The shift to a geriatric ED is “an enormous culture change” for staff, says Eve Pidgeon, manager of corporate communications and public relations for Trinity Health. “You have to get involved with each patient to deliver individualized care and find out, for example, [patients’] level of depression and whether they have resources for help at home after they’re discharged. You really have to slow it down. It’s a different mindset. The people who want to work in senior emergency centers are people who feel called to that space for personalized service.”

The culture change can be difficult. Rosenberg expected an easy launch at St. Joseph, but was surprised to find that doctors and nurses initially did not want to work in a separate ED for elderly patients. “They really had the perception that it was a bedpan unit. It’s anything but.”

So the transformation was started slowly by first incorporating a geriatric pathway in the general emergency department. Staff members realized they were dealing largely with functional seniors, so they were more eager to work in a separate ED, Rosenberg explains. “Once the program was established, nobody minded taking care of the whole continuum of aging,” he says.

The future
So far, marketing of senior EDs has been minimal. Most of the attention has come from stories in the news media about the novel programs. St. Joseph focused its early communication efforts on area geriatricians, and only recently did it begin public relations activities.

Trinity hospitals have been sending staff to speak to community groups interested in learning more. A more formal marketing campaign will soon be underway in eastern Michigan with billboards, direct mail, newspaper ads, and public relations efforts promoting the patient-centered experience, Penoza says.

Other hospitals are expected to develop dedicated geriatric EDs, but financial constraints may slow the trend. “Nobody has any money,” John points out. “Whenever there’s a disconnect between what should be and what is [happening] in medicine, it’s always about money.”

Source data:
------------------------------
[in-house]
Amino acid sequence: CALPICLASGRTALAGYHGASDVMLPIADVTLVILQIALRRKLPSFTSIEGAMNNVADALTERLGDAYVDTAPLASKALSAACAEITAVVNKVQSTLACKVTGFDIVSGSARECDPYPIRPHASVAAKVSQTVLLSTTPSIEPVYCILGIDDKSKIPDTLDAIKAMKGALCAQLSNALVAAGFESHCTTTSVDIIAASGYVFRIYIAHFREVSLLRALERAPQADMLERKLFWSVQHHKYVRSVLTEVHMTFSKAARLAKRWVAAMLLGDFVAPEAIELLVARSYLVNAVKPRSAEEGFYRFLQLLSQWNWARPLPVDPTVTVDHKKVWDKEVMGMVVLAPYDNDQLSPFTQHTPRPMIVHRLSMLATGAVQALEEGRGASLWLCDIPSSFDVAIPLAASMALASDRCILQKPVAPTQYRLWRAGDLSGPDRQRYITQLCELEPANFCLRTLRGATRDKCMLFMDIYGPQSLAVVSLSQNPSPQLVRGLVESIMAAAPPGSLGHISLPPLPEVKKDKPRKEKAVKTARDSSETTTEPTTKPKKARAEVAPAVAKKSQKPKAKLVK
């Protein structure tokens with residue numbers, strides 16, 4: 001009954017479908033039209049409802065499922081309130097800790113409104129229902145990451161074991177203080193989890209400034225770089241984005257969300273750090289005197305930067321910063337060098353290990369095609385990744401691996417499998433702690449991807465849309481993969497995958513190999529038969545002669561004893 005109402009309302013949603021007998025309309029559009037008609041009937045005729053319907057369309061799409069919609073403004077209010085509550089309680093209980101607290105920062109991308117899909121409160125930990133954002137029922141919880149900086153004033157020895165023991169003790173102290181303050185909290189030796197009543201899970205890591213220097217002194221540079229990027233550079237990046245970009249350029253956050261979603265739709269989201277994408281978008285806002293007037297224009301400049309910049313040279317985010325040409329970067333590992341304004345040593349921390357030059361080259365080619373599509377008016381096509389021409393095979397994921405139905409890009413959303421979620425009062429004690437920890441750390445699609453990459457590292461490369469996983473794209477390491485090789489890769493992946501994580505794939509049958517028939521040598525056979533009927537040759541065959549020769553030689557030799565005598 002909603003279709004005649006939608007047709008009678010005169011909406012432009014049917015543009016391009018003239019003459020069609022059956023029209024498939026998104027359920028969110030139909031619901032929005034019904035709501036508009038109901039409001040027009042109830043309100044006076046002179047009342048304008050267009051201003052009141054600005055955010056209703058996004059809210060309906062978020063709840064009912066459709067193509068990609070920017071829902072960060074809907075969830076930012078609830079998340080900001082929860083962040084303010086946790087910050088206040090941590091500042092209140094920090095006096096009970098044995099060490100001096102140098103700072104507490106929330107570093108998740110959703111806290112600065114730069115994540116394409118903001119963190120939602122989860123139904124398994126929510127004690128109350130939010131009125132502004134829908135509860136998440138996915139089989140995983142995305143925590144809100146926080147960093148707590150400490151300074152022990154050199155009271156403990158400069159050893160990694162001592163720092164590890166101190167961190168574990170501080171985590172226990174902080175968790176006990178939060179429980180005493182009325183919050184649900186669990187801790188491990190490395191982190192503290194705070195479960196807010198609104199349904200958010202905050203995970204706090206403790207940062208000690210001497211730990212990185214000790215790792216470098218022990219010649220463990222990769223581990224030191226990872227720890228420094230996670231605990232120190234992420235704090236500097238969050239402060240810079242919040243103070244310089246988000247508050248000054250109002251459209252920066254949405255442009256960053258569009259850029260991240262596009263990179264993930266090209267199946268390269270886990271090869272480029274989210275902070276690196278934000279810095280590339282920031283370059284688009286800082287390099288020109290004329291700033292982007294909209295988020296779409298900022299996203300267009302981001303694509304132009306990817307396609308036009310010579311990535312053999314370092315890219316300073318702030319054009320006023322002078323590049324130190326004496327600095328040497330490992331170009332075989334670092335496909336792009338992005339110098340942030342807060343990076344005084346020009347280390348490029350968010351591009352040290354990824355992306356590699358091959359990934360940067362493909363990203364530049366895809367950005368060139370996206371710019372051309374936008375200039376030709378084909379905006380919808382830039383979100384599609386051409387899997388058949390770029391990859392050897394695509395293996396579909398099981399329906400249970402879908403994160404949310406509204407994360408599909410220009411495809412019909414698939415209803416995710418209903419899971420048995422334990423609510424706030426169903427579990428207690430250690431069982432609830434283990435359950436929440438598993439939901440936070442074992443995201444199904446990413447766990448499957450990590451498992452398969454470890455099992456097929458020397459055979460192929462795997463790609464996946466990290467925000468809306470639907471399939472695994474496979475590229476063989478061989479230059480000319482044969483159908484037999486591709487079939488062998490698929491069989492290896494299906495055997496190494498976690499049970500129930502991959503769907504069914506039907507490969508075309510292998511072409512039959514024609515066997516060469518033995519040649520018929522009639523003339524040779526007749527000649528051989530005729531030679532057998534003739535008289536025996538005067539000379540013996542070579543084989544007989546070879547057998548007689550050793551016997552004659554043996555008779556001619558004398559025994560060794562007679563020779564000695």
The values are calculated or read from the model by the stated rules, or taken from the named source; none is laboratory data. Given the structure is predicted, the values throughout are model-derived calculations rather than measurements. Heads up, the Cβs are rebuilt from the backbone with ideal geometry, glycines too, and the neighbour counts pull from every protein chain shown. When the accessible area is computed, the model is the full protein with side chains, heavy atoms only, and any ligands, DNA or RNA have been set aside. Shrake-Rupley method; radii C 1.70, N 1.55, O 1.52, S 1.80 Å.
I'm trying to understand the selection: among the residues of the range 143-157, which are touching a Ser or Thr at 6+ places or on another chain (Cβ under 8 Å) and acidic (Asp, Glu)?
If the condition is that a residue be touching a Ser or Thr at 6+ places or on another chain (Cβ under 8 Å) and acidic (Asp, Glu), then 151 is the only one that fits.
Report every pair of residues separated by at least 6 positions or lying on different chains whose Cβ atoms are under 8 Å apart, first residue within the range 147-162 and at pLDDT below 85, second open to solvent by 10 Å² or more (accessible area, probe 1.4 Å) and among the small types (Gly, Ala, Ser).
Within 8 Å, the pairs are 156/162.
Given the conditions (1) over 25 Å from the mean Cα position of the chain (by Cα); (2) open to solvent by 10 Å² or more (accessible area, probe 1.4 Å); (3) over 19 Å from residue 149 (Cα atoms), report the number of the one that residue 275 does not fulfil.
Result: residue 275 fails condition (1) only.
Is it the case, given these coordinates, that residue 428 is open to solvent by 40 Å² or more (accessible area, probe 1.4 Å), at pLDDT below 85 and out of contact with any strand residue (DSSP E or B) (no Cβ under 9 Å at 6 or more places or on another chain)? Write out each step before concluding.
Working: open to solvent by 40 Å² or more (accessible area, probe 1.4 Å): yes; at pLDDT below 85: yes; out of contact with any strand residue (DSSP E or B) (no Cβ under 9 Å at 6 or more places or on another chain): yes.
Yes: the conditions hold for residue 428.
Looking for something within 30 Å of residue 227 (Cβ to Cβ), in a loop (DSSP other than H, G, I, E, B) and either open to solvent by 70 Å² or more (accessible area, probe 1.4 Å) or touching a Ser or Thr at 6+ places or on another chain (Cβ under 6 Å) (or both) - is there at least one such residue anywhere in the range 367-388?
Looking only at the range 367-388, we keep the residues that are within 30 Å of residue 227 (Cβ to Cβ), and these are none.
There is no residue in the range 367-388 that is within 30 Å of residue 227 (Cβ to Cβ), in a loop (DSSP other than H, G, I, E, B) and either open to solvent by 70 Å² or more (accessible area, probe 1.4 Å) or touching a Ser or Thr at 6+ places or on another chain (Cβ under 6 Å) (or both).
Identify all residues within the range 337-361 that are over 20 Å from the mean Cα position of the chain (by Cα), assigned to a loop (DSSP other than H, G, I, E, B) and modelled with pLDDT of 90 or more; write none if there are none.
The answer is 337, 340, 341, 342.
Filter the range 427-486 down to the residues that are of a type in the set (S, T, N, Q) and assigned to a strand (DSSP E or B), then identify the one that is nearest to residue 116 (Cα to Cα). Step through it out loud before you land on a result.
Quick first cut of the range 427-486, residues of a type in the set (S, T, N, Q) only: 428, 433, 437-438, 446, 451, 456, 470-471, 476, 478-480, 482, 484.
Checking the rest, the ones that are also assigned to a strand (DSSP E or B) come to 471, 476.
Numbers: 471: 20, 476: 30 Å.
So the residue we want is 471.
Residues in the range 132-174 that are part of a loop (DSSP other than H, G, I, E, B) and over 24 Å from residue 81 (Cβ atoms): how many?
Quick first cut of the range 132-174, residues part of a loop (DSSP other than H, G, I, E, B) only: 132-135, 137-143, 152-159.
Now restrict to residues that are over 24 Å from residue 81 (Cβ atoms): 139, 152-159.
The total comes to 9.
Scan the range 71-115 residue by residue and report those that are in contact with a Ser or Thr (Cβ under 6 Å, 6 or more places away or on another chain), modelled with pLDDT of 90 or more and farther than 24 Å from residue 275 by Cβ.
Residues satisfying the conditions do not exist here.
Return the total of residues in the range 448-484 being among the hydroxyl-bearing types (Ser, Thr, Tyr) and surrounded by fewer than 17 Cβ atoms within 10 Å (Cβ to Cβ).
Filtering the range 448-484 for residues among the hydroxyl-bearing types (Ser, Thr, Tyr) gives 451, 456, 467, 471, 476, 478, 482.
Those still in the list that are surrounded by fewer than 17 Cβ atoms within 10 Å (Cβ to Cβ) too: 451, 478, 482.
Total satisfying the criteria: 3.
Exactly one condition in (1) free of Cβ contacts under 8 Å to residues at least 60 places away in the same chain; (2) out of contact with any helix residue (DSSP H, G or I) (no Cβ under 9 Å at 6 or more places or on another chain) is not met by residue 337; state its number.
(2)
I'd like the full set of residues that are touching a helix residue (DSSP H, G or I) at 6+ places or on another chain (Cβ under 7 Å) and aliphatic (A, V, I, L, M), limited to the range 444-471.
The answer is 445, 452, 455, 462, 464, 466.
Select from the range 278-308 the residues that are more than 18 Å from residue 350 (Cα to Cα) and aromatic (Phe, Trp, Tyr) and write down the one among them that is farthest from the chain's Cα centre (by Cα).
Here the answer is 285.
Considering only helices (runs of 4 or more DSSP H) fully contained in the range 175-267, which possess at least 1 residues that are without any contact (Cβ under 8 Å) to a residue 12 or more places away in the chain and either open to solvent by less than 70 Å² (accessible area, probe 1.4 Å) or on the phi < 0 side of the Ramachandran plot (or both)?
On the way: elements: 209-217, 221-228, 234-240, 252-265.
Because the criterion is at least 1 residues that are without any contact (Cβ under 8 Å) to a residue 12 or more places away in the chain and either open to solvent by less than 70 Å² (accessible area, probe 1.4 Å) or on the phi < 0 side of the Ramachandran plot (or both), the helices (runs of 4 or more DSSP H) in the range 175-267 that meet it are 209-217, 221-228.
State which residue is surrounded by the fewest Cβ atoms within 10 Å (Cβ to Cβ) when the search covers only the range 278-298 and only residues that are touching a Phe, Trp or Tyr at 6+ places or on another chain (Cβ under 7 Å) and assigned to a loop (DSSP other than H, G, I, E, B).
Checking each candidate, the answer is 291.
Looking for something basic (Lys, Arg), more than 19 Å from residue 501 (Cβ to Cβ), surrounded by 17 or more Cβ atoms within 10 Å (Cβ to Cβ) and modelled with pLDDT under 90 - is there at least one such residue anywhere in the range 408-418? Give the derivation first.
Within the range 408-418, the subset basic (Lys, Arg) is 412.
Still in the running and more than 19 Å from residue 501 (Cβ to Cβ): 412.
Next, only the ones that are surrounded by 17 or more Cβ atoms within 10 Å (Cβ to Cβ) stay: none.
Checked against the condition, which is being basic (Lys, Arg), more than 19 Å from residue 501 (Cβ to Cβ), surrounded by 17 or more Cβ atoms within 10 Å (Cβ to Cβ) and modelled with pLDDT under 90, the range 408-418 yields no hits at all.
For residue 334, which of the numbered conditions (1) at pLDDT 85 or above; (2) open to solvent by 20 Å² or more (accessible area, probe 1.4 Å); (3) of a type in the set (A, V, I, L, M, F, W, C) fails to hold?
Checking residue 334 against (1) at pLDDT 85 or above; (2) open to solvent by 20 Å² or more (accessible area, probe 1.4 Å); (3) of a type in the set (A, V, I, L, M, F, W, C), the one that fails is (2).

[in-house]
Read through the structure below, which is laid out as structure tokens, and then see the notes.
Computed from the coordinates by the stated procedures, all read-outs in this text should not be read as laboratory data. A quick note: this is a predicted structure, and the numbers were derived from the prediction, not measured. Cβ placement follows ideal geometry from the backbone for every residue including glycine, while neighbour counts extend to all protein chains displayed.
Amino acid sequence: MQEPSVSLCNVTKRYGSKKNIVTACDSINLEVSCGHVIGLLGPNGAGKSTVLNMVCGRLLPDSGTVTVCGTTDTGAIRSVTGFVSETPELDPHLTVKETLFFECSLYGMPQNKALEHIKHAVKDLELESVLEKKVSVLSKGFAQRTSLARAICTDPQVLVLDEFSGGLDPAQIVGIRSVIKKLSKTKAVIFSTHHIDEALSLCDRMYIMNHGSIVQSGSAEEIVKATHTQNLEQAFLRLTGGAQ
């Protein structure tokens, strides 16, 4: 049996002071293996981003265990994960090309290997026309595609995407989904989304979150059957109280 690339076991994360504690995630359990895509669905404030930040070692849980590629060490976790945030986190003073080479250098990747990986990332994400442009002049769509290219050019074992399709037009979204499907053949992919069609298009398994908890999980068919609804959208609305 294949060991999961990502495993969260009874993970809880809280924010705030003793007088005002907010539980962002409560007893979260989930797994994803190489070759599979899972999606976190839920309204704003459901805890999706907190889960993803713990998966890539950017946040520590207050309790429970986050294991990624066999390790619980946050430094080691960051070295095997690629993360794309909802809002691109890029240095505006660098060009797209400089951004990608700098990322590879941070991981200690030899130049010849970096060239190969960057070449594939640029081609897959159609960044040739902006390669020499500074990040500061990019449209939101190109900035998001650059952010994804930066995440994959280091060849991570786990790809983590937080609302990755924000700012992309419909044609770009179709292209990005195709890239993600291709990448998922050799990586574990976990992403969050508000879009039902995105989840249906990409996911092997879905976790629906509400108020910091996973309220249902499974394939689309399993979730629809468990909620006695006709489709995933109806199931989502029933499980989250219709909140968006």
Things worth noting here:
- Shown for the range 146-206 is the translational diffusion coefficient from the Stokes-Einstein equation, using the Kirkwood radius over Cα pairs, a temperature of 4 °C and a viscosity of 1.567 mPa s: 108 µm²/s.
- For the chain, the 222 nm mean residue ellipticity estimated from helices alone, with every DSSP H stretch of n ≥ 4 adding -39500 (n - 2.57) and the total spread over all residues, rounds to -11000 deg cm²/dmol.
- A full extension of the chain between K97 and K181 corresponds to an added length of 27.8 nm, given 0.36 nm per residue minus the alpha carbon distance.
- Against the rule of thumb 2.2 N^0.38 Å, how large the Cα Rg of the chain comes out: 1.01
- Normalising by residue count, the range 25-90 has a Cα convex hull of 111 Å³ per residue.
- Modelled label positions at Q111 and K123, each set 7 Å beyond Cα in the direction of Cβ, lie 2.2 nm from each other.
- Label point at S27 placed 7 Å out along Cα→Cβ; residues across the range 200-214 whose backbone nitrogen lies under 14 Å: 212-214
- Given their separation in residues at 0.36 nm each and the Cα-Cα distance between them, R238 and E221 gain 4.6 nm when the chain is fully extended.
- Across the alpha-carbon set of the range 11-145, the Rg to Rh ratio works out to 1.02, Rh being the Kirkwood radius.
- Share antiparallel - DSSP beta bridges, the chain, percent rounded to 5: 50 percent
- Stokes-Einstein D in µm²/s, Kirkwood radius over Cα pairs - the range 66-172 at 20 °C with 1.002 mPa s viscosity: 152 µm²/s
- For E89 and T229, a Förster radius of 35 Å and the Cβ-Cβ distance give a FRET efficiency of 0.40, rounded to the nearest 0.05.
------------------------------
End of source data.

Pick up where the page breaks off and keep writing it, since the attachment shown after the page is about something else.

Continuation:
Trinity’s hospitals in eastern Michigan spent $1.4 million on facility renovation and staff training to launch seven senior EDs – not including ongoing operational costs. Penoza says administrators recognized the value. “They saw some of the positive response they got at Holy Cross Hospital and were looking at the demographics going forward with the aging population and health care reform,” she says.

Under health care reform, hospitals are encouraged to improve the health outcomes of senior patients, because they are subject to reduced reimbursements for excessive readmissions of discharged Medicare patients.

It could be argued that the same quiet, slow, warm-blanket approach would be good for emergency patients of all ages. Thomas agrees. “If you create a system that really works for vigorous and sick younger people, it won’t work for older people. But a patient-centered system for older people will serve younger people very well,” he says. “It’s an irony of our time. Taking care of the frail is really the key to transforming acute care into person-centered care. An important message for health care strategy is to stop and ask the question: How well do we serve the frailest people among us? It’s the best way to begin a conversation about patient-centered care in your health system as a whole.”

Nancy Vessell is a freelance writer and editor specializing in the health care field. She can be contacted at